Timeline Description: James Dewey Watson is an American scientist who is one of the co-discoverers of the structure of DNA. A Nobel prize winner, Watson's life has been dedicated to the study of the human gene.
|1928||James is born.
James Dewey Watson is born on April 6, 1928 in St. Luke's Hospital in Chicago, Illinois. His parents are James D. Watson and Jean Mitchell. When Watson is very young his father takes him to the library every Friday night, sharing his love of books. The two also enjoy bird watching together.
|1933||Early education (Around 1933 - 1943).
Watson attends Horace Mann Grammar School for 8 years and then goes to South Shore High School for 2 years. At age 15, he receives a scholarship to attend the University of Chicago under their early admissions program where a student can go to college after two years of high school.
|1940||Quiz Kids (Around 1940).
When Watson is around 12, he appears on the radio show, Quiz Kids. The listening audience sends in tough questions whose answers are researched for the host. The host asks the panel of 5 highly bright, intelligent kids a question, and they get points for answering correctly.
|1947||College (1947 - 1950).
Watson graduates from the University of Chicago in 1947 with a Bachelor's of Science in zoology. His interest in birds at a young age has led to an interest in genetics. He goes to Indiana University where he receives a doctorate in zoology in 1950.
|1950||Fellowship in Copenhagen (1950 - 1951).
In 1950 Watson goes to Copenhagen, Denmark as a National Research Council fellow. He attends a conference in Naples, Italy in 1951, where he hears a lecture on the structure of DNA, the building block of living organisms. Watson now desires to study the DNA molecule.
Watson starts work in October 1951 at Cavendish Laboratory in Cambridge, England where he meets biologist Francis Crick. Both are interested in the structure of DNA. They try to create a model, but their first effort is unsuccessful.
|1953||The double helix.
Watson and Crick continue their partnership. Using research from a few other scientists, they discover that the DNA molecule is made up of two chains of molecules that form a double helix or twisting spiral construction.
|1953||Cal Tech (1953 - 1955).
Watson continues his education at the California Institute of Technology. He attends as a Senior Research Fellow in Biology. Watson returns to the Cavendish Lab and again works with Crick.
|1956||Harvard (1956 - 1976).
Watson starts as an Assistant Professor in the biology department at Harvard. He becomes a professor in 1961. Watson writes The Molecular Biology of the Gene in 1965, which becomes a popular university textbook.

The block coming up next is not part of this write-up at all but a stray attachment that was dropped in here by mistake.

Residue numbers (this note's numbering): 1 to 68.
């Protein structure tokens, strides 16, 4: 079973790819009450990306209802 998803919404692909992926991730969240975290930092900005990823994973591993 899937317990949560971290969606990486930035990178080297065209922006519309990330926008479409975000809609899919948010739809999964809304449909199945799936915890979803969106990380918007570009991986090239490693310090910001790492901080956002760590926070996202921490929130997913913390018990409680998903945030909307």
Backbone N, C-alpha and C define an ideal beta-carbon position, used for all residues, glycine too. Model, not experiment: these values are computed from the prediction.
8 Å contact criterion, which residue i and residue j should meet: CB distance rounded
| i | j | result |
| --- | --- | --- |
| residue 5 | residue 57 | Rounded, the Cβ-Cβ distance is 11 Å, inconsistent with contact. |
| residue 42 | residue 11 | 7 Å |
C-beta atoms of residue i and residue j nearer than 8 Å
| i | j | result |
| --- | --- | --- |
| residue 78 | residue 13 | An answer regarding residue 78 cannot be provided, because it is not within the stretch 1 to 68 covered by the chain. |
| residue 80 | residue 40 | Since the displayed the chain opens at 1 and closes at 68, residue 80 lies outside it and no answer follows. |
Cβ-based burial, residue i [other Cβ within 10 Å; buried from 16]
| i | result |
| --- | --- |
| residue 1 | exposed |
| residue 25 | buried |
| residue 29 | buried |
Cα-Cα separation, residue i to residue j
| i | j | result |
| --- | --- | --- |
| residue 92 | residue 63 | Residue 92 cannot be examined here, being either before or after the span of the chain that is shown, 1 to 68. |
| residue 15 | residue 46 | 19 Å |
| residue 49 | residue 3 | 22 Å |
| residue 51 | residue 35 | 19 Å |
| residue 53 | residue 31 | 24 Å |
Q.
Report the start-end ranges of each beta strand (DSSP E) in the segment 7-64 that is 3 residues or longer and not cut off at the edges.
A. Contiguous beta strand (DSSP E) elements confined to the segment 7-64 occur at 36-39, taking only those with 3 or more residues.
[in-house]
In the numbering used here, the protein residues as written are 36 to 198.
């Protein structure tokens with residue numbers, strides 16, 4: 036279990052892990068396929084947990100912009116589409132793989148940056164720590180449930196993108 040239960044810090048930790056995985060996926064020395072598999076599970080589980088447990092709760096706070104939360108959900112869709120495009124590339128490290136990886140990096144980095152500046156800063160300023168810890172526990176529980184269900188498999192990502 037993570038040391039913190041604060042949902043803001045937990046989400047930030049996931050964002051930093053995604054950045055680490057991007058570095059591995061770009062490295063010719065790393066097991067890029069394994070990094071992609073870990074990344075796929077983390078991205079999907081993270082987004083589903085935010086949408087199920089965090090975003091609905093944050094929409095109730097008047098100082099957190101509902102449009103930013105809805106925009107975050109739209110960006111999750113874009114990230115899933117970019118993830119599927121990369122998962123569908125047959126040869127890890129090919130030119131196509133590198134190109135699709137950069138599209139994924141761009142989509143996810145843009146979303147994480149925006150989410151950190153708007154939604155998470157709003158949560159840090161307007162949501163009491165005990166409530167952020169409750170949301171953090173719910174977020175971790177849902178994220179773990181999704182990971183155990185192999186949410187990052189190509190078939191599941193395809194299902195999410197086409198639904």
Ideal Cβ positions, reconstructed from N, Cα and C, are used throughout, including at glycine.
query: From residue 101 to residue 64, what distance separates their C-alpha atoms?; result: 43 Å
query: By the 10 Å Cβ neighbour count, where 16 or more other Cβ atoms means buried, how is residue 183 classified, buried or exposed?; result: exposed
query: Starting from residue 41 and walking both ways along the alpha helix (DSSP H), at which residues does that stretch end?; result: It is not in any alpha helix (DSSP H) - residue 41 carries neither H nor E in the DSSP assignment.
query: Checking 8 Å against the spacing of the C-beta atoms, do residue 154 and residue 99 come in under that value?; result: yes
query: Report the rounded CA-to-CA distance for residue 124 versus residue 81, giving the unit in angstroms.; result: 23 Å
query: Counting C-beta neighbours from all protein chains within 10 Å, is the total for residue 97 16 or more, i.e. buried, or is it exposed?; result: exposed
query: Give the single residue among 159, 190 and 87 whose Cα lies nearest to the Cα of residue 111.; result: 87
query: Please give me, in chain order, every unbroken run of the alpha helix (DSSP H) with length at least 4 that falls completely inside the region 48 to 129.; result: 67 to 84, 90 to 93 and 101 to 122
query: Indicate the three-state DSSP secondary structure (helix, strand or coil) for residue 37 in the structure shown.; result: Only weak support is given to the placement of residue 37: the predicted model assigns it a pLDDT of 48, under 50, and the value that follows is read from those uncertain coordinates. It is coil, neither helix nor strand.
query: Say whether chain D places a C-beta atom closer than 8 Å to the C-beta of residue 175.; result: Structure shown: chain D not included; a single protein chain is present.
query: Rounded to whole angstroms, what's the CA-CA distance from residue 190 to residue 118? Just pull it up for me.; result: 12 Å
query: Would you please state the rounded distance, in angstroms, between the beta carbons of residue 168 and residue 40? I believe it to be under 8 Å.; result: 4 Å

Because of their participation in determining the structure of DNA, Watson, Francis Crick, and Maurice Wilkins are awarded the Nobel Prize in Physiology or Medicine. Rosalind Franklin has also contributed key research information that helps their findings, but she passes away in 1958.
|1968||Cold Spring, a book, and a bride.
Watson becomes the director of the Cold Spring Harbor Lab in New York. He also publishes another book, The Double Helix, which describes his view of how the DNA structure is discovered. That same year Watson marries Elizabeth Lewis. They have two sons together.
Watson becomes the Associate Director of the Human Genome Project for the National Institute of Health in 1988, becoming Director in 1989. He stays on the project until 1992.
|1994||President (1994 - 2007).
In 1994 Watson becomes the president of the Cold Spring Harbor Laboratory. He later becomes Chancellor. Watson retires as Chancellor in 2007, becoming Chancellor Emeritus (retired). His hope is that through science cancer and mental illness will soon be things of the past.
Watson makes history by becoming the first person to have his genome sequenced, meaning that the precise order of the molecules in his DNA are found out. He also has this information made available to the public.
In 2007 Watson publishes his memoir, Avoid Boring People:Lessons in a Life of Science. During this same year, he is criticized for racial comments he has supposedly made, which he later publicly apologizes for. James Dewey Watson will be remembered as the co-discoverer of the DNA structure, and as a brilliant scientist who spent his life trying to decipher the complex molecules that make up living organisms.